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Albert Ammons/Meade Lux Lewis/Pete Johnson: The Boogie Woogie Trio, Volume 2

There are 23 performances by the boogie men on the first CD, all from broadcasts out of the Sherman Hotel, Chicago, during September-October, 1939. There are eight solos by Ammons, six each by Johnson and Lewis, a duet by Ammons and Lewis and two romps by the trio. All titles are originals by the pianists, except for three (including “St. Louis Blues”) that Ammons tackles, and two of Lewis’ solos have not been issued before. By 1939, boogie-woogie had become something of a national fad, spurred on by the threesome’s success in the Spirituals to Swing concert at Carnegie Hall in 1938. John Hammond’s part in virtually introducing this music to a huge public was a boon to mankind of which he could justly be proud, much of it due to his own earlier discovery of Meade Lux Lewis’ record of “Honky Tonk Train Blues.”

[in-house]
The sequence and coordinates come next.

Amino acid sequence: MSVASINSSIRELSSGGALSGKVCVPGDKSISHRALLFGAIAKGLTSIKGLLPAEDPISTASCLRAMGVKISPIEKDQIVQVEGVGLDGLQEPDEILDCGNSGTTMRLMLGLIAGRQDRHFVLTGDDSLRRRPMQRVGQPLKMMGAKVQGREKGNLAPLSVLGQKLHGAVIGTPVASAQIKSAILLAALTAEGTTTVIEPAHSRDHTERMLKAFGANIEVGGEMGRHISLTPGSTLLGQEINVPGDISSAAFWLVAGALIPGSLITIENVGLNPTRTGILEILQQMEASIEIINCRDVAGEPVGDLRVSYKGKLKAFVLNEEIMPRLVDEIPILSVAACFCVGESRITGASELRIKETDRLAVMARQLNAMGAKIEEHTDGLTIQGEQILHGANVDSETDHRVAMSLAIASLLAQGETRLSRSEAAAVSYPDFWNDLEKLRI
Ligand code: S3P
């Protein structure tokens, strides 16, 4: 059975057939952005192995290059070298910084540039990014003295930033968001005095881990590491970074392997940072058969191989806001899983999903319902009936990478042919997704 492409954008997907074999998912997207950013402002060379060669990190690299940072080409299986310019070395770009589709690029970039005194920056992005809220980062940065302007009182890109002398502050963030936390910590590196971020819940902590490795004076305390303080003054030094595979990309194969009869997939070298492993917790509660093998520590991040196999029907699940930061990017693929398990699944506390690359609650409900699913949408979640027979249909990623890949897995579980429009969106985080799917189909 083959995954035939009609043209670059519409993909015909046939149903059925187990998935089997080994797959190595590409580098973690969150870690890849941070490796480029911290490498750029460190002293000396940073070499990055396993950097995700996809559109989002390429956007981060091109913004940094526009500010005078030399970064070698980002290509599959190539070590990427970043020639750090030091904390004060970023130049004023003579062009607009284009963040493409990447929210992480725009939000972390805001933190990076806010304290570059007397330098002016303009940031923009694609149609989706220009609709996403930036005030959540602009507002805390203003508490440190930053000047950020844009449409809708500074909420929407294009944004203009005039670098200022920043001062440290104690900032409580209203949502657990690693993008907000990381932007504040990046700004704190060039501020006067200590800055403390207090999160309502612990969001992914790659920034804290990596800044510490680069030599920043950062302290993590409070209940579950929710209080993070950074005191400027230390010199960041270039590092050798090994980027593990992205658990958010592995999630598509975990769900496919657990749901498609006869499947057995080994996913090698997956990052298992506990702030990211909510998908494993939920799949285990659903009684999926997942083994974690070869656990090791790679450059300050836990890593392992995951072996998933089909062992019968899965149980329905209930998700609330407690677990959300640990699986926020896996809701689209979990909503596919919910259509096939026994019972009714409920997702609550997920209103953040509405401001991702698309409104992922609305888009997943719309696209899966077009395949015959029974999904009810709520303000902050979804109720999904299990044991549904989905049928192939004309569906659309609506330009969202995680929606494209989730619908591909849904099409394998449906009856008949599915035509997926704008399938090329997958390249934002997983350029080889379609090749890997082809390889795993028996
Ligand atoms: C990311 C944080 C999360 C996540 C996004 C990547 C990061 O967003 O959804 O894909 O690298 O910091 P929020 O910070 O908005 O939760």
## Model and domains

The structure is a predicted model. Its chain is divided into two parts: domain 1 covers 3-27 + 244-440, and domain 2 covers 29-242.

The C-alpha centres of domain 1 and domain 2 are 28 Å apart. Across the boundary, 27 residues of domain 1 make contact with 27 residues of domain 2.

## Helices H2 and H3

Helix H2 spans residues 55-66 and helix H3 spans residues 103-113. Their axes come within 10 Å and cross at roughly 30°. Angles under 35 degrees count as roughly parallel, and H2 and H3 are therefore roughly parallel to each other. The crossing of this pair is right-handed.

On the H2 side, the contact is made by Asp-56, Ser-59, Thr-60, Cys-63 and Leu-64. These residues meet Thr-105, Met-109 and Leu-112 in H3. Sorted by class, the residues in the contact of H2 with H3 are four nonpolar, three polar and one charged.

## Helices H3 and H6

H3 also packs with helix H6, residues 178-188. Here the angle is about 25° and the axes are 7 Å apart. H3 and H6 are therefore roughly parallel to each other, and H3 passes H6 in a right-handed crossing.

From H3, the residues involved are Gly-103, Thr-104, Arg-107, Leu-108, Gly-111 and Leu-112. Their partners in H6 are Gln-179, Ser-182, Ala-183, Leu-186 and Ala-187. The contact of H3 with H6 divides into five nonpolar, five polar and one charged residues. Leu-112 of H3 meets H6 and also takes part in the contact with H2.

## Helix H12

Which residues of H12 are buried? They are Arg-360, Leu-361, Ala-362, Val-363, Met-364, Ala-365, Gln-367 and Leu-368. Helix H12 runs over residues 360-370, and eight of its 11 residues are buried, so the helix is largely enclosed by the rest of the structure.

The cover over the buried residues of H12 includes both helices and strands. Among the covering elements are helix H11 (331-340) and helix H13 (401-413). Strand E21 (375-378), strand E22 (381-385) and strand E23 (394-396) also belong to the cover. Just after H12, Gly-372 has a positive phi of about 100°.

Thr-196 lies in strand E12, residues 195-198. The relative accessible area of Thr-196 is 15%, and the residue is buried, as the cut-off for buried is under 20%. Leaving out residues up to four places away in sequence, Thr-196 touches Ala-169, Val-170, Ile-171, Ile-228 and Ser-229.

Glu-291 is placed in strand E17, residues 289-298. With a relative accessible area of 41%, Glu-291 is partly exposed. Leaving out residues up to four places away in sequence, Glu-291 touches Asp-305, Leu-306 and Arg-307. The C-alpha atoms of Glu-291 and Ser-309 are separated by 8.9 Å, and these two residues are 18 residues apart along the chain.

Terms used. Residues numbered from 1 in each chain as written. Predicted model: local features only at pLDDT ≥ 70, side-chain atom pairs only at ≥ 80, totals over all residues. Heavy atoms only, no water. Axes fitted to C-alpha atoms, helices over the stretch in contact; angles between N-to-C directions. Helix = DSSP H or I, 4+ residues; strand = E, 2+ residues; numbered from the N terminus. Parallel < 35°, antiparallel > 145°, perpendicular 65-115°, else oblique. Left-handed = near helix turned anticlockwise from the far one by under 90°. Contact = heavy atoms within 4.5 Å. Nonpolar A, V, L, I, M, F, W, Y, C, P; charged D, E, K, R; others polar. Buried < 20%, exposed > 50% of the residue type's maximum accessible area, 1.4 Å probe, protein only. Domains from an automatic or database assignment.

Once you’re accustomed to this idiom, you should find appealing differences in the three pianists. Ammons was born in 1907, Lewis in 1905, and Johnson the same year as Pinetop Smith, in 1904. Their great precursor, Jimmy Yancey, was born in 1894 and his influence is probably more evident in Lewis’ slower pieces. Boogie-woogie was blues for dancing and in 1939 the popularity of Swing would have accounted for some of the hard-swinging tempos.

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